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dc.contributor.authorRomero Franco, Natalia
dc.contributor.authorJiménez Reyes, Pedro
dc.contributor.authorCastaño Zambudio, Adrián
dc.contributor.authorCapelo Ramírez, Fernando
dc.contributor.authorRodríguez Juan, Juan José
dc.contributor.authorGonzález Hernández, Jorge
dc.date.accessioned2018-05-14T09:33:21Z
dc.date.available2018-05-14T09:33:21Z
dc.date.issued2016-11-03
dc.identifier.citationRomero-Franco, N., Jiménez-Reyes, P., Castaño-Zambudio, A., Capelo-Ramírez, F., Rodríguez-Juan, J. J., González-Hernández, J., ... & Balsalobre-Fernández, C. (2017). Sprint performance and mechanical outputs computed with an iPhone app: Comparison with existing reference methods. European journal of sport science, 17(4), 386-392.es
dc.identifier.other10.1080/17461391.2016.1249031
dc.identifier.urihttp://hdl.handle.net/10952/3156
dc.description.abstractThe purpose of this study was to assess validity and reliability of sprint performance outcomes measured with an iPhone application (named: MySprint) and existing field methods (i.e. timing photocells and radar gun). To do this, 12 highly trained male sprinters performed 6 maximal 40-m sprints during a single session which were simultaneously timed using 7 pairs of timing photocells, a radar gun and a newly developed iPhone app based on high-speed video recording. Several split times as well as mechanical outputs computed from the model proposed by Samozino et al. [(2015). A simple method for measuring power, force, velocity properties, and mechanical effectiveness in sprint running. Scandinavian Journal of Medicine & Science in Sports. https://doi.org/10.1111/sms.12490] were then measured by each system, and values were compared for validity and reliability purposes. First, there was an almost perfect correlation between the values of time for each split of the 40-m sprint measured with MySprint and the timing photocells (r = 0.989–0.999, standard error of estimate = 0.007–0.015 s, intraclass correlation coefficient (ICC) = 1.0). Second, almost perfect associations were observed for the maximal theoretical horizontal force (F0), the maximal theoretical velocity (V0), the maximal power (Pmax) and the mechanical effectiveness (DRF – decrease in the ratio of force over acceleration) measured with the app and the radar gun (r = 0.974–0.999, ICC = 0.987–1.00). Finally, when analysing the performance outputs of the six different sprints of each athlete, almost identical levels of reliability were observed as revealed by the coefficient of variation (MySprint: CV = 0.027–0.14%; reference systems: CV = 0.028–0.11%). Results on the present study showed that sprint performance can be evaluated in a valid and reliable way using a novel iPhone app.es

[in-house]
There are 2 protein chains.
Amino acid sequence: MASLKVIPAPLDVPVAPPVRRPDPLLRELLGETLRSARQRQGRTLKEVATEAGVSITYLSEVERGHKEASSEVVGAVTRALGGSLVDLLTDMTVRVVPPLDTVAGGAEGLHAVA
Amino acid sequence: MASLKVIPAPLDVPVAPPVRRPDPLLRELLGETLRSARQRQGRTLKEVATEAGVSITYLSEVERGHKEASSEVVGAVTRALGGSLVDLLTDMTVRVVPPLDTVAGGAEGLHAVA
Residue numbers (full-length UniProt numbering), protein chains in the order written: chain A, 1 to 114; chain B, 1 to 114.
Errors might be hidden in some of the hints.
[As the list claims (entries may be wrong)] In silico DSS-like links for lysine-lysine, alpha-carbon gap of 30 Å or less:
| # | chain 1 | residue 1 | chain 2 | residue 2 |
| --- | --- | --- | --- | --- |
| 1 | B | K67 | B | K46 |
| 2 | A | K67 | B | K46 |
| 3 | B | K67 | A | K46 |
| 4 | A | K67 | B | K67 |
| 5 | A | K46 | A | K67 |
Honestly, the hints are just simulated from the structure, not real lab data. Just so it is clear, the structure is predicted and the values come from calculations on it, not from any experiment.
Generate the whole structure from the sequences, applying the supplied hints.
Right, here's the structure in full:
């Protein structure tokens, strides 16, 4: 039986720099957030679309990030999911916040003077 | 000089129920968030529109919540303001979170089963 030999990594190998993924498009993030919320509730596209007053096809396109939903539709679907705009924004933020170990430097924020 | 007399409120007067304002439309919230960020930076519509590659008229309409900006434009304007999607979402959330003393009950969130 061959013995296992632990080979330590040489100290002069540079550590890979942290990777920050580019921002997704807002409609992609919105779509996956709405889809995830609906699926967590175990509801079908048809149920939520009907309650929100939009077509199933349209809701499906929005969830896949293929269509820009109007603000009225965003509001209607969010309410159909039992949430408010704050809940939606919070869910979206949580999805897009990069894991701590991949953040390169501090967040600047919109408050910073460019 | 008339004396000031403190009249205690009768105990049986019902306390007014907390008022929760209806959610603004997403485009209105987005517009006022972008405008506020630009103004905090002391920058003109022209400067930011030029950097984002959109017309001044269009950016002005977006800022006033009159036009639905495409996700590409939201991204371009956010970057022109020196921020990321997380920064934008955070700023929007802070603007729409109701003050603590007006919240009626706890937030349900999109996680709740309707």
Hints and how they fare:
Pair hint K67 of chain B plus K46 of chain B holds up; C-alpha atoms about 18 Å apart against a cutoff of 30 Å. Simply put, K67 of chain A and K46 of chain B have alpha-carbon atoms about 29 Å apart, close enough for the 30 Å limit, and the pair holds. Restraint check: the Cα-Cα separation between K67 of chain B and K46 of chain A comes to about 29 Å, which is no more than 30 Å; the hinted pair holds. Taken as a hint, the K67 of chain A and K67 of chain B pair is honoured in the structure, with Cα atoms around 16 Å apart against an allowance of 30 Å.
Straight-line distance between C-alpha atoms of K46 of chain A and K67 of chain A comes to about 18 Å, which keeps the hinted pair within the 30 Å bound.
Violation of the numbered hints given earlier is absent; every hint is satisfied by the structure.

dc.language.isoenes
dc.rightsAttribution-NonCommercial-NoDerivatives 4.0 Internacional*
dc.rights.urihttp://creativecommons.org/licenses/by-nc-nd/4.0/*
dc.subjectAccelerationes
dc.subjectTechnologyes
dc.subjectBiomechanicses
dc.subjectTestinges
dc.titleSprint performance and mechanical outputs computed with an iPhone app: Comparison with existing reference methodses
dc.typearticlees
dc.rights.accessRightsopenAccesses
dc.journal.titleEuropean Journal of Sport Sciencees
dc.volume.number17es
dc.issue.number4es
dc.description.disciplineActividad Física y Deportees


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